What’s so great about the Great Lakes? – Cheri Dobbs and Jennifer Gabrys

What’s so great about the Great Lakes? They’re known as America’s inland seas. The North American Great Lakes Huron, Ontario, Michigan, Erie, and Superior are so massive
that they border eight states and contain 23 quadrillion
liters of water. That’s enough to cover the land area
of the contiguous United States three meters deep. These vast bodies of water span forest, grassland, and wetland habitats, supporting a region that’s home to over
3,500 species. But how did such a vast and unique
geological feature come to be? The story begins near the end
of the last ice age over 10,000 years ago, a time when the climate was warming and the glaciers that cloaked the Earth’s
surface began their slow retreat. These immense ice sheets carved out
a series of basins. Those basins filled with water
as the ice began to melt, creating the world’s largest area
of freshwater lakes. Over time, channels developed between
these basins, and water began to flow in
an ongoing exchange that persists to this day. In fact, today,
the interconnected Great Lakes contain almost 20% of the world’s supply
of fresh surface water. The water’s journey begins in
the far north of Lake Superior, which is the deepest, coldest,
and clearest of the lakes, containing half the system’s water. Lake Superior sinks to depths
of 406 meters, creating a unique and diverse ecosystem
that includes more that 80 fish species. A given drop of water spends on average
200 years in this lake before flowing into Lake Michigan
or Lake Huron. Linked by the Straits of Mackinac,
these two lakes are technically one. To the west lies Lake Michigan, the third largest of the lakes
by surface area. Water slowly moves through
its cul-de-sac shape and encounters the world’s largest
freshwater dunes, many wildlife species, and unique fossilized coral. To the east is Lake Huron,
which has the longest shoreline. It’s sparsely populated,
but heavily forested, including 7,000-year-old petrified trees. Below them, water continues to flow
southeastwards from Lake Huron into Lake Erie. This lake’s status as the warmest
and shallowest of the five has ensured an abundance of animal life,
including millions of migrating birds. Finally, the water reaches its last stop
by dramatically plunging more than 50 meters down
the thundering Niagara Falls into Lake Ontario, the smallest lake
by surface area. From there, some of this well-traveled
water enters the St. Lawrence River, eventually reaching the Atlantic Ocean. In addition to being a natural wonder, the perpetually flowing Great Lakes
bring us multiple benefits. They provide natural water filtration, flood control, and nutrients cycling. By moving water across
more than 3,200 kilometers, the Great Lakes also provide drinking
water for upward of 40 million people and 212 billion liters a day
for the industries and farms that line their banks. But our dependence on the system is
having a range of negative impacts, too. The Great Lakes coastal habitats are being
degraded and increasingly populated, exposing the once pristine waters to industrial, urban,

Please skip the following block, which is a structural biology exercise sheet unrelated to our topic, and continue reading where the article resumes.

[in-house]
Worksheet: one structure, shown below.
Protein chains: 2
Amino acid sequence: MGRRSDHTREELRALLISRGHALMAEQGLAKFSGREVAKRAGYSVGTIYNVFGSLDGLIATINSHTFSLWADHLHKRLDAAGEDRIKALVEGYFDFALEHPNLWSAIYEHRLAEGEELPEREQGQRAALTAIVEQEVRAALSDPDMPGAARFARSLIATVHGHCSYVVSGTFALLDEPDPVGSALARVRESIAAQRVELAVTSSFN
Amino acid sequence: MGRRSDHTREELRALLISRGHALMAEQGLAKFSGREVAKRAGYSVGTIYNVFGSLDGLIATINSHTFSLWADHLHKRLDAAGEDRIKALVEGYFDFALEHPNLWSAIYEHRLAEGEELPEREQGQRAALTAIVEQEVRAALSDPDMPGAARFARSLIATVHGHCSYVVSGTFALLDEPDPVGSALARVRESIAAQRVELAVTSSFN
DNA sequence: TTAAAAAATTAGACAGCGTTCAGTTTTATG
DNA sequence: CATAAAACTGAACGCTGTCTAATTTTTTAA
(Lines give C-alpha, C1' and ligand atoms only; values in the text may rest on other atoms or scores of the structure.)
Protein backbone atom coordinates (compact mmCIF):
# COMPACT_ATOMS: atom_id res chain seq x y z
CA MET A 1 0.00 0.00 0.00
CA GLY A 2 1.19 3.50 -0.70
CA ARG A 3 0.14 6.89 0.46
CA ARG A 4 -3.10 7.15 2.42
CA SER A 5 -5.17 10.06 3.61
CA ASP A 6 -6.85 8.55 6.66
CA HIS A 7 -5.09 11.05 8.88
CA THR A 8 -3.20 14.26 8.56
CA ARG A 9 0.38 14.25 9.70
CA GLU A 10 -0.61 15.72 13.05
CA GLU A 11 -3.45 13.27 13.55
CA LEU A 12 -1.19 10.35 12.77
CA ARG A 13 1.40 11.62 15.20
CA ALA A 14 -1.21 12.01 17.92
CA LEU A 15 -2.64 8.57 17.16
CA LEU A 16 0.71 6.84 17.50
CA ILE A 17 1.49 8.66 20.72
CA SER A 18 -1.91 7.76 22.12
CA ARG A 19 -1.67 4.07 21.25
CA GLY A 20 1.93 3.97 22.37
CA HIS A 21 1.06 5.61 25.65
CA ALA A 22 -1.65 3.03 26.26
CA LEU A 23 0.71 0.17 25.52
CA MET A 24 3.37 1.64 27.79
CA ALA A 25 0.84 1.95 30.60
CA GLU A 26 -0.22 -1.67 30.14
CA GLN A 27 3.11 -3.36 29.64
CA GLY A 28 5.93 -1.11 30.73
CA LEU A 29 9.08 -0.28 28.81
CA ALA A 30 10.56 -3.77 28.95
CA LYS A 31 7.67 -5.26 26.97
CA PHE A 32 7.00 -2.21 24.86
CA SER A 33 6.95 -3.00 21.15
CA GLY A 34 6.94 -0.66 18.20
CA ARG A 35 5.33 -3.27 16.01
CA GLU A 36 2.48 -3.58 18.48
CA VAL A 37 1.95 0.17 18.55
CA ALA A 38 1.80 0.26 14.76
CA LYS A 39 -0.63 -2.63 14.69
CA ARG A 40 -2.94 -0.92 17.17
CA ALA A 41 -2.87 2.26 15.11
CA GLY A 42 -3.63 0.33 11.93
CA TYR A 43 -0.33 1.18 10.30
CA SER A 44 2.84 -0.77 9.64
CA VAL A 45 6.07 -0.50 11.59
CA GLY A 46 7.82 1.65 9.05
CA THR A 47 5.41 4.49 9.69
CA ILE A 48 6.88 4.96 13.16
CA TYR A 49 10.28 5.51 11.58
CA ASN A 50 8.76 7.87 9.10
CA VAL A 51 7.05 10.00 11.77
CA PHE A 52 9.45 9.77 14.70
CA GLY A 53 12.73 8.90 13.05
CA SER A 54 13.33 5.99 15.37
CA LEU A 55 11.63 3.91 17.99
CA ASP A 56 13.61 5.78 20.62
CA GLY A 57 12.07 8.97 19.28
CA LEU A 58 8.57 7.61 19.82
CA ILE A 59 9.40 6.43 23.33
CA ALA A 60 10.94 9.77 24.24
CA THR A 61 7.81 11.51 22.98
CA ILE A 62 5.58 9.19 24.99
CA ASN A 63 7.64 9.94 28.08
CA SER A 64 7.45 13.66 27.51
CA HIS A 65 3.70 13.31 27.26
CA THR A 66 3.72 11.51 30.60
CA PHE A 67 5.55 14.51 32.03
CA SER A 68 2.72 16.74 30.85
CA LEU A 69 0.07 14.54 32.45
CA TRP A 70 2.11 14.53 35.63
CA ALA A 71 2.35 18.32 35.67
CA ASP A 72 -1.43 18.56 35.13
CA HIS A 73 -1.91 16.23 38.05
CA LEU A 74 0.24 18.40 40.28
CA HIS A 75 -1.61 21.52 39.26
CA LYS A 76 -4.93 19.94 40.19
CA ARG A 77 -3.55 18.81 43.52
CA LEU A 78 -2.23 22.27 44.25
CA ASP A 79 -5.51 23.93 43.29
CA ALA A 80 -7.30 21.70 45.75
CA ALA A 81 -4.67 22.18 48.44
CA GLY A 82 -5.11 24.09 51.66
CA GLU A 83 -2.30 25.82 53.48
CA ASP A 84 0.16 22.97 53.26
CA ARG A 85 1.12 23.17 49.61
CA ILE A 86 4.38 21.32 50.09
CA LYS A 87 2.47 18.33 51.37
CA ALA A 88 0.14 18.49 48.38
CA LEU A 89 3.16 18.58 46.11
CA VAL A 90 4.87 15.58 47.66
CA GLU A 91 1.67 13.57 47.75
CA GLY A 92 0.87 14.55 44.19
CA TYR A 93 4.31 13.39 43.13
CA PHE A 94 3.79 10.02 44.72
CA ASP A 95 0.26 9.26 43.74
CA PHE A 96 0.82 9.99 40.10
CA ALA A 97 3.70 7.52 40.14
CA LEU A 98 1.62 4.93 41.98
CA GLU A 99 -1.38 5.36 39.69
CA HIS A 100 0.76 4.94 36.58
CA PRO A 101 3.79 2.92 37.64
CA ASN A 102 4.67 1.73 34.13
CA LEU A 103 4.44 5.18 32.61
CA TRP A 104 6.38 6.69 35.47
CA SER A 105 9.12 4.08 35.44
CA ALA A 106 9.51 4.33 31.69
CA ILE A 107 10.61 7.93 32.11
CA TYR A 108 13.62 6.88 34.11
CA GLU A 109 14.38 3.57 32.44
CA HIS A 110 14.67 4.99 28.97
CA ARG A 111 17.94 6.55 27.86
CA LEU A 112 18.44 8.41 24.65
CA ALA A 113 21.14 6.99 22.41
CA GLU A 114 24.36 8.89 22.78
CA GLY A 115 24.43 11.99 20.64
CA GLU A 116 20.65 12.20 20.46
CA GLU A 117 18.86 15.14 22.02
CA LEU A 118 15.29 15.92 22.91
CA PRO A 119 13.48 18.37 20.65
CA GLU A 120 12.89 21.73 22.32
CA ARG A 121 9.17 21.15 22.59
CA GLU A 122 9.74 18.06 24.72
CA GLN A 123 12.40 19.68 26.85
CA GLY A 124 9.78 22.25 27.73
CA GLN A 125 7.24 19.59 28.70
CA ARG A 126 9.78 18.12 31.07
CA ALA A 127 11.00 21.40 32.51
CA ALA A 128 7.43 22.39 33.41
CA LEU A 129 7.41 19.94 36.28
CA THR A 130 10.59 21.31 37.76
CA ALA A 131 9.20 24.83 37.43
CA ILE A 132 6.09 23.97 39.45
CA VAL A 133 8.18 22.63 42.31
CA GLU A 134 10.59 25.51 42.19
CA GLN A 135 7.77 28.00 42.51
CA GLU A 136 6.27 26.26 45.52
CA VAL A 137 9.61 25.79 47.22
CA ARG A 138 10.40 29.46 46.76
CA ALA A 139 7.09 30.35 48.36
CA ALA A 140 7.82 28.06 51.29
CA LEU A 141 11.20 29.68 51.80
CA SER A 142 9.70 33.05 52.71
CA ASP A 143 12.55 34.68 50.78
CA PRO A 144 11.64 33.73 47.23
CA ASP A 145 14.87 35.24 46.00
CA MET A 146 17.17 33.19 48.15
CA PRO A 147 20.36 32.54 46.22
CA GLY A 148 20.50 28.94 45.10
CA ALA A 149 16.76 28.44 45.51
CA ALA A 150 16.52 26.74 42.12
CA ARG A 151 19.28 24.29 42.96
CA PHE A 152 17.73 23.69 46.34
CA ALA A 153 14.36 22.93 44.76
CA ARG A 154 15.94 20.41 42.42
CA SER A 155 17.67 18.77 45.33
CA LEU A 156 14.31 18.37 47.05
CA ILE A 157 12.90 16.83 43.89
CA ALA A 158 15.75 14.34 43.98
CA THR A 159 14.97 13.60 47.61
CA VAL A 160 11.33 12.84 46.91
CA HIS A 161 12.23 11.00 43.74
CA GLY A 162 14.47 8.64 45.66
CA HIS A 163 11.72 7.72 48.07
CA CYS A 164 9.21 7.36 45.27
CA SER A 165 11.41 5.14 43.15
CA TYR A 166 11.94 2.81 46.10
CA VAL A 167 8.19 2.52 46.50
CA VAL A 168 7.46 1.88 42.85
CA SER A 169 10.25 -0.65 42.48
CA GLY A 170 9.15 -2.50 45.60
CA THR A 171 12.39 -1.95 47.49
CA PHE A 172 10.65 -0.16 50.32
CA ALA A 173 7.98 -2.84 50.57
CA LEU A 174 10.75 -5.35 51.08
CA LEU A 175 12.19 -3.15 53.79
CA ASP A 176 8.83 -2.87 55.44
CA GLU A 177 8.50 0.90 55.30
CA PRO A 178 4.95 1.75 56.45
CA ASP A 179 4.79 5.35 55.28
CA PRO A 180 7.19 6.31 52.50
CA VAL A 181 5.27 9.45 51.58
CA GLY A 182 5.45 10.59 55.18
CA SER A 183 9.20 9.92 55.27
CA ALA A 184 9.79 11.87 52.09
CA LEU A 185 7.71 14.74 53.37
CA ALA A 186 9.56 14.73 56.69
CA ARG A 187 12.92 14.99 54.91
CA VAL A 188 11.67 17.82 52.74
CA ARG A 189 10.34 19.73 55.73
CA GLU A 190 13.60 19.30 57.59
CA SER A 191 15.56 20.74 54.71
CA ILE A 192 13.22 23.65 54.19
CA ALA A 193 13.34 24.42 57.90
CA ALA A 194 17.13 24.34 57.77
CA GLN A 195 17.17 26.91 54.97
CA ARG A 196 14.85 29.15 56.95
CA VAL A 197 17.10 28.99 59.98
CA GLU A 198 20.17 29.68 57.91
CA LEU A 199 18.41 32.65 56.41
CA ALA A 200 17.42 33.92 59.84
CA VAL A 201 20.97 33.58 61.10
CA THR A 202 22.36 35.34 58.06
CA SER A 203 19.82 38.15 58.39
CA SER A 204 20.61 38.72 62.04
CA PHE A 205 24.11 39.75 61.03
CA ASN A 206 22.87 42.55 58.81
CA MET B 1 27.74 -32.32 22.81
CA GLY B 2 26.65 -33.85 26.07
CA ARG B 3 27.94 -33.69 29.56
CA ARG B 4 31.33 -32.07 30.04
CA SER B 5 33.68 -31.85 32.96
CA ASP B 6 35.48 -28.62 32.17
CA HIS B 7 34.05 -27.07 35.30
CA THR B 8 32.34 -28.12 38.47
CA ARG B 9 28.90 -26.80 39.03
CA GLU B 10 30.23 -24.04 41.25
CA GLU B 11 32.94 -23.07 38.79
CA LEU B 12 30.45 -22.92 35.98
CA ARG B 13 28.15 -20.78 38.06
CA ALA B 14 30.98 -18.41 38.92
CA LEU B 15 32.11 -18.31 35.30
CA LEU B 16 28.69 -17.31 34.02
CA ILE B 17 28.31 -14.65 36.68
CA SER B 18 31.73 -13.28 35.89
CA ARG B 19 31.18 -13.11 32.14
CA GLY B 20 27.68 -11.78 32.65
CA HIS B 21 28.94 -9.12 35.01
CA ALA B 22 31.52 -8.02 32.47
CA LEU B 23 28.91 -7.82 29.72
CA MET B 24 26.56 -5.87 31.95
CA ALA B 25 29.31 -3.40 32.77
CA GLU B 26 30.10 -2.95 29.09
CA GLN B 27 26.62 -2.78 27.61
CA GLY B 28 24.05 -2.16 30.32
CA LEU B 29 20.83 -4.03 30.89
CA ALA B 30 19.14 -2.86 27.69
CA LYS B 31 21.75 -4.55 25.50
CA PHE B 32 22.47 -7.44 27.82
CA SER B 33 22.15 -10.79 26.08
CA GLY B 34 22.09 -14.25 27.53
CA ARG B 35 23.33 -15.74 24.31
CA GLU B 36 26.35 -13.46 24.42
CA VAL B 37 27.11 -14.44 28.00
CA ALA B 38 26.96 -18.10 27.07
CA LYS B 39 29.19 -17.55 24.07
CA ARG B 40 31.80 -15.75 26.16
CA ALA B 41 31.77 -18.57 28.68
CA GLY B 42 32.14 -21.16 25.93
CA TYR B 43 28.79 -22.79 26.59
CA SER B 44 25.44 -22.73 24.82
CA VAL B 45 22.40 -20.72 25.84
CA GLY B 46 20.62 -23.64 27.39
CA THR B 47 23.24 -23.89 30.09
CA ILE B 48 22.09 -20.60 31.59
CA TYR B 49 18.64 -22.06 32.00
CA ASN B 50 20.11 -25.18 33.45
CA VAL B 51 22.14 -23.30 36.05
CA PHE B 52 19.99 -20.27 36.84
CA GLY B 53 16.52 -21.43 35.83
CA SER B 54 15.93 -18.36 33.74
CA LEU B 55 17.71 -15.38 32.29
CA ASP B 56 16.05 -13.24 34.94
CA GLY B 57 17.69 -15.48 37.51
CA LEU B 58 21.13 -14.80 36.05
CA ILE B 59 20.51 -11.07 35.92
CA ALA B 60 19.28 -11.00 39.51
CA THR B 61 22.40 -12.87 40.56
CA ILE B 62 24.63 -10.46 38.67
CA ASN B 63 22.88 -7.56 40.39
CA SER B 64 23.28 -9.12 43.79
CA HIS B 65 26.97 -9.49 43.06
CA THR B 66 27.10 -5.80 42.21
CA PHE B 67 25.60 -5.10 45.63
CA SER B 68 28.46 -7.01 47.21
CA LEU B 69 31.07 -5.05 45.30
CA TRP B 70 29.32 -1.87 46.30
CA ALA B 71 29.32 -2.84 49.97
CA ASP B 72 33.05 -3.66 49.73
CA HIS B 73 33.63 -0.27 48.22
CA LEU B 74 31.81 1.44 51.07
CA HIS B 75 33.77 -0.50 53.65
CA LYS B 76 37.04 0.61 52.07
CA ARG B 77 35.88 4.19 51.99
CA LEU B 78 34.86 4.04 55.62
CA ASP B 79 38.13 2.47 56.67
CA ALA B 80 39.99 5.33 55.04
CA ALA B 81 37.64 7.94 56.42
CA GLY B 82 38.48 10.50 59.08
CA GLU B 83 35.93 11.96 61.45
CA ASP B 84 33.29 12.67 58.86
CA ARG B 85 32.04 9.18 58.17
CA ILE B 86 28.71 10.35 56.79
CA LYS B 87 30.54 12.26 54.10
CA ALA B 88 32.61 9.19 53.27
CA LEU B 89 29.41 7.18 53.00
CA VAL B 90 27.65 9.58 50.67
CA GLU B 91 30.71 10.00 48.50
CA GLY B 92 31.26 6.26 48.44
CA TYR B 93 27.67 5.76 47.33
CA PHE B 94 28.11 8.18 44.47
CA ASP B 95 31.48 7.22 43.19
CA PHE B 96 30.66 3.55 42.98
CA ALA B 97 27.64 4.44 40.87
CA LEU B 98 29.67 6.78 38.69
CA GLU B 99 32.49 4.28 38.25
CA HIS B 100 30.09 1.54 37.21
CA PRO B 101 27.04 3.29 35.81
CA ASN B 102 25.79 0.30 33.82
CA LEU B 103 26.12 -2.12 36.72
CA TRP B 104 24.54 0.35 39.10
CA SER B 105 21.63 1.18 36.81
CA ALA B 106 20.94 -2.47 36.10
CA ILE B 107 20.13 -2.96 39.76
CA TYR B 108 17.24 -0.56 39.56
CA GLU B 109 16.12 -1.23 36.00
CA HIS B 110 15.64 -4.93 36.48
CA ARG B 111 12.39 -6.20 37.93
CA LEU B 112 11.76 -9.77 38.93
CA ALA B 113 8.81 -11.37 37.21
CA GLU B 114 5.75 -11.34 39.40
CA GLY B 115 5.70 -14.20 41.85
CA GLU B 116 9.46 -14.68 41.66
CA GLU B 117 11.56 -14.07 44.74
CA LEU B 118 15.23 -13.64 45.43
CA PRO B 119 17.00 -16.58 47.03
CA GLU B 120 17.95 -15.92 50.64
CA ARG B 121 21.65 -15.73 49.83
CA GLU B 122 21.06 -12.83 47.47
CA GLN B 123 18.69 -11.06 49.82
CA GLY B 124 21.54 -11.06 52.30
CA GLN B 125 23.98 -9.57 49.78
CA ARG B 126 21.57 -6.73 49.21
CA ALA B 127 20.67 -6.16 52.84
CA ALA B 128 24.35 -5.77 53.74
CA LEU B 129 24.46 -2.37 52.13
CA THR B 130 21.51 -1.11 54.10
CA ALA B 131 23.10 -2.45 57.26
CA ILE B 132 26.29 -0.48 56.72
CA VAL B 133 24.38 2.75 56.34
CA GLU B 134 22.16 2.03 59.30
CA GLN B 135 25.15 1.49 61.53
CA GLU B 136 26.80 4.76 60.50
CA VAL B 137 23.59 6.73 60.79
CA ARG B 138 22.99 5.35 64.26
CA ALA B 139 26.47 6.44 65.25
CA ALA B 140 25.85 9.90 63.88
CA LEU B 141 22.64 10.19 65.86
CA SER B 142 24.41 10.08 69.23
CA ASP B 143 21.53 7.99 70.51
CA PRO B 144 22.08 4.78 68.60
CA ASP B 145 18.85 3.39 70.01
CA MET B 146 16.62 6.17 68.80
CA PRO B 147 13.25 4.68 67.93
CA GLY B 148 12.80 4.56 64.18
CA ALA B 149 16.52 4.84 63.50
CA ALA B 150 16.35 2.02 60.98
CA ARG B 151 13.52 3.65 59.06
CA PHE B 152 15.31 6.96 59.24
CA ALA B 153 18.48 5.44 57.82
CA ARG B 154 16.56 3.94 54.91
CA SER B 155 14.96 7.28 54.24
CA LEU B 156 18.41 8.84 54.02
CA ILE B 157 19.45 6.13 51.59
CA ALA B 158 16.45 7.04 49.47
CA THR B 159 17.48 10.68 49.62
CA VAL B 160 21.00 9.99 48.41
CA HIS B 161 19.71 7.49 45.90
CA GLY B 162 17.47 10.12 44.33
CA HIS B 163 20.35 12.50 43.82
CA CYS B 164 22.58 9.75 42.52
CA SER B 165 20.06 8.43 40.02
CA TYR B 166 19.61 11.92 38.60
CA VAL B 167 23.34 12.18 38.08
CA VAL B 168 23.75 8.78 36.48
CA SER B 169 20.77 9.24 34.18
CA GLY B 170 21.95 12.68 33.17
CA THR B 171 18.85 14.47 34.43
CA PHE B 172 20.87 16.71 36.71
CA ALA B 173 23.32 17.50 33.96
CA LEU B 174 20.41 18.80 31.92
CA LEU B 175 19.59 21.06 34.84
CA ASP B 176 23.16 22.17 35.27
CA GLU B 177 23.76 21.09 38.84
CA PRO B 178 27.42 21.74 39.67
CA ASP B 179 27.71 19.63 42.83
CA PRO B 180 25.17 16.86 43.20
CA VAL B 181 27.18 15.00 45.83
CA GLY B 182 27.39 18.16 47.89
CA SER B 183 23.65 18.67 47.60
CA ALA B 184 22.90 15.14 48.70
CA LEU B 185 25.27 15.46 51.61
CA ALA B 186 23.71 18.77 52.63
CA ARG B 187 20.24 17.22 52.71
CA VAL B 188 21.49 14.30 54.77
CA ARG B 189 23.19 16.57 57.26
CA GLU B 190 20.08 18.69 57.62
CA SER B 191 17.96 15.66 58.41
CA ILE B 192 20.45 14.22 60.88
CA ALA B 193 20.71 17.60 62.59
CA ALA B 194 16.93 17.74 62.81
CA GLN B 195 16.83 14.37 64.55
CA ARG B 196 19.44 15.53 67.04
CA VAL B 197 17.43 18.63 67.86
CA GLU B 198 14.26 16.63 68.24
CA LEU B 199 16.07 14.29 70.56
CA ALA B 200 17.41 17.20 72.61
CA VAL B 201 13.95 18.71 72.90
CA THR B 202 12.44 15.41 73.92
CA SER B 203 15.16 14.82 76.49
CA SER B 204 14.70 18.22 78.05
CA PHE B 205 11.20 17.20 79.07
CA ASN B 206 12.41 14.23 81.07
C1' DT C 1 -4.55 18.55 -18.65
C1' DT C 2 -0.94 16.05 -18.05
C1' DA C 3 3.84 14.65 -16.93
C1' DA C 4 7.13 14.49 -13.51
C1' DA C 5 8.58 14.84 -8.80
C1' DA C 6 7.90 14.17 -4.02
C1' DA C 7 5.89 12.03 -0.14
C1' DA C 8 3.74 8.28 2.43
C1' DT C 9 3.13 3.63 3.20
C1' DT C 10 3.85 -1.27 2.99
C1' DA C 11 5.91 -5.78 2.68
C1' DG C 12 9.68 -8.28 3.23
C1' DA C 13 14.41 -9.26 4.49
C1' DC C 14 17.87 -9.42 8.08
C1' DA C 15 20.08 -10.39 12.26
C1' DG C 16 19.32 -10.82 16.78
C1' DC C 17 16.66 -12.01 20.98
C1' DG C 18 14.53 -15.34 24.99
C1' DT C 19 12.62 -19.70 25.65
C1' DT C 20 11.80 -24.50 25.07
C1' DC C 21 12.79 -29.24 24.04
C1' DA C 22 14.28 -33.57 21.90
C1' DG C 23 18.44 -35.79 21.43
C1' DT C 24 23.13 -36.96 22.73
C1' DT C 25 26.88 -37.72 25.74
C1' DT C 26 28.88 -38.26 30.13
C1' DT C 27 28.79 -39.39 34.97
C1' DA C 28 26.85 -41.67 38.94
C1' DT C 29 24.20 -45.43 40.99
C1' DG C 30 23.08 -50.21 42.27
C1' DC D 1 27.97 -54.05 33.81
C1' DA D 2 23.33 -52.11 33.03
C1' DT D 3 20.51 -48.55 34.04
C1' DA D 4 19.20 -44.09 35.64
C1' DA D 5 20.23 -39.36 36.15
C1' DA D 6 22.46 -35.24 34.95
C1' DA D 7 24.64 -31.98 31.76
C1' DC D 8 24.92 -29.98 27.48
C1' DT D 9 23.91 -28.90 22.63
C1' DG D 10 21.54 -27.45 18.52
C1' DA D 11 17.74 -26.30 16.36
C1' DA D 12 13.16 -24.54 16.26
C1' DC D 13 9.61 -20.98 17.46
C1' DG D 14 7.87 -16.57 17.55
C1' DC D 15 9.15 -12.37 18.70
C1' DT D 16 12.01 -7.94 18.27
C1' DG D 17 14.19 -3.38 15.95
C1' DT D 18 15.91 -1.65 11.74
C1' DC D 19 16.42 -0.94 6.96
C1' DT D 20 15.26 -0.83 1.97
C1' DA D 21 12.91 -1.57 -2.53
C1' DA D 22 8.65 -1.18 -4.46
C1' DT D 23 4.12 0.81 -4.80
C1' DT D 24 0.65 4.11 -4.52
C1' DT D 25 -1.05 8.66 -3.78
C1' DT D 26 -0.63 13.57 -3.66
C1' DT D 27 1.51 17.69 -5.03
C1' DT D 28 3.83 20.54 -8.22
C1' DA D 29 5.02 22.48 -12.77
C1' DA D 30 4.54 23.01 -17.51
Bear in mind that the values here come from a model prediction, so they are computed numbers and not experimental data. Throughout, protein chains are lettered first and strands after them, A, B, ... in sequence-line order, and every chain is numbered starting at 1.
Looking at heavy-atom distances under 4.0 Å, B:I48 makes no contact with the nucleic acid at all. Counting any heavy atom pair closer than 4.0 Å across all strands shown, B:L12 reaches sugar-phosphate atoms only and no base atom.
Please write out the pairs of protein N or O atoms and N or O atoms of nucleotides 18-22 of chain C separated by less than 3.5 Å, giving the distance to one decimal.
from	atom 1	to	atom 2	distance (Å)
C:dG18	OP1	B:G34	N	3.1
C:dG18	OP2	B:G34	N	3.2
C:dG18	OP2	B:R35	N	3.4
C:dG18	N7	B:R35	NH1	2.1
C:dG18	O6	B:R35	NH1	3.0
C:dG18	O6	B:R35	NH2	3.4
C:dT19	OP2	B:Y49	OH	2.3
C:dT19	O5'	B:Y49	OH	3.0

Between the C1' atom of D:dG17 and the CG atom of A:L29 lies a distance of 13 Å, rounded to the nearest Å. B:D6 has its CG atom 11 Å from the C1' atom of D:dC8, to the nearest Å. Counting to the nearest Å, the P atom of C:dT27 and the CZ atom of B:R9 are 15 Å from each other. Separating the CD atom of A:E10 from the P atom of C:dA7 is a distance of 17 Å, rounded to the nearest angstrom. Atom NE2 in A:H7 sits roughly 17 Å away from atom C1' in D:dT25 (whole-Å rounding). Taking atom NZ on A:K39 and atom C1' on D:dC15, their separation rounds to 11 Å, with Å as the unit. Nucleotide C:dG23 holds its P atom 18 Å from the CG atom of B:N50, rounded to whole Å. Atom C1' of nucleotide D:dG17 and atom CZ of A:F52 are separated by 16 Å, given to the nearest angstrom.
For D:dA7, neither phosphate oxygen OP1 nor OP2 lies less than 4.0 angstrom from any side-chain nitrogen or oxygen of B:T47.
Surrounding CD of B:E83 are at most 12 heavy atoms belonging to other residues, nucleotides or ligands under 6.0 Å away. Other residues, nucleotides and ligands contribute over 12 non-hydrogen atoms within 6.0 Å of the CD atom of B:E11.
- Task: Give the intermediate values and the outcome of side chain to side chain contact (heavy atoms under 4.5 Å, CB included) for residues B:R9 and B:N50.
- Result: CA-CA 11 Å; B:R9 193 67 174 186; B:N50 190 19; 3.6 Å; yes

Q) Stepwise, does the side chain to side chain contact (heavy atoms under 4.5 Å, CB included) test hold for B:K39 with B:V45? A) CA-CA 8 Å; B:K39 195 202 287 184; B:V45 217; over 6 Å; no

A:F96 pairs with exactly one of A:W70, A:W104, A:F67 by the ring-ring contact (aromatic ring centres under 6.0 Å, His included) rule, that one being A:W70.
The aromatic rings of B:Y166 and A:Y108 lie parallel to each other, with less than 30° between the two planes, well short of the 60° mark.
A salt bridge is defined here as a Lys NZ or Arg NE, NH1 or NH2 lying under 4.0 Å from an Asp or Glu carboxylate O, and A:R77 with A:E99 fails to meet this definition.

and agricultural pollutants. Because less than 1% of the water
leaves the Lake’s system annually, decades-old pollutants still lurk
in its waters. Humans have also inadvertently introduced more than 100 non-native
and invasive species into the lakes, such as zebra and quagga mussels,
and sea lampreys that have decimated some indigenous
fish populations. On a larger scale, climate change
is causing the waters to warm, thus reducing water levels and changing
the distribution of aquatic life. Luckily, in recent years, governments have
started to recognize the immense value of this natural resource. Partnerships between the United States and
Canada are underway to reduce pollution, protect coastal habitats, and halt the spread of invasive species. Protecting something as massive
as the Great Lakes system will require the collaboration
of many organizations, but the effort is critical if we can preserve the wonder
of this flowing inland sea.

100 thoughts on “What’s so great about the Great Lakes? – Cheri Dobbs and Jennifer Gabrys

  • The "last ice age" hasn't ended, it is still current events.
    Climate change is a myth, temperatures and ice pack and glacier levels are almost identical to the 1920s.

  • Think about it the water for Niagara falls could have came all the way from lake superior. Look at.a map and look at that distance.

    And it could have taken years for it to arive.

  • And the weight of the lakes an be used to provide power to the people. A machine that uses hydro and atmospheric pressure for electricity generation as described in the book OUR WARS.

  • I was born, raised, and I’ve spent my entire life here in Toronto on the shores of Lake Ontario. The Great Lakes have been an integral part of my life, and I spent a great deal of time exploring them all, I have literally drove from Toronto around all the Great Lakes, stopping off at every major city. It was the best trip I’ve ever had in my life, and I’ve been to every continent on earth, but as the saying goes, there’s no place like home, and nothing on earth could ever top the Great Lakes. It’s an incredible diverse region, One of the few places on earth that two countries meld into one, where the border becomes irrelevant, And we are almost 100,000,000 people come together, and share these natural wonders. (Google “Great Lakes megalopolis” for more details). Most people aren’t aware of just how massive these lakes are. It took me a month to drive around all the lakes, and encountered an unbelievably diverse selection of natural and man-made attractions, that are unique to the Great Lakes and nowhere else. I couldn’t imagine growing up in a city without a waterfront, these lakes are the reason so many of North America‘s greatest cities exist. In the early days, before there was even trains, the great lakes were, and still are, a transportation network connecting every major city on them, without those lakes cities like my home town, Toronto, Ottawa, Montreal, Quebec City, Hamilton (Canada’s #1 steel production city). Detroit, Chicago, Buffalo, Rochester, etc., would not exist, and would never have been built in the first place. I particularly love the great lakes in the northern regions, as the waters remain pristine, and so clear you can see right to the bottom. They are a treasure trove for divers and nature lovers a like, with so many things to see and to do you could never do it all in one lifetime. There was even a time when many people wanted to break off from the United States and Canada Inc. create a new country, consisting of all those living around the Great Lakes, can you imagine that?

  • Lol they are still pushing the climate change will dry up the Great Lakes narrative. Right now they are in their 5th straight year of well above average levels.

  • The fact about the Great Lakes water levels dropping due to Climate Change is pretty much false as water levels in Lake Michigan were at around a 20-40 year high. Yes the Great Lakes are slightly warming due to Climate Change, explains why the whitefish are swimming deeper, but not at the rate that you may think.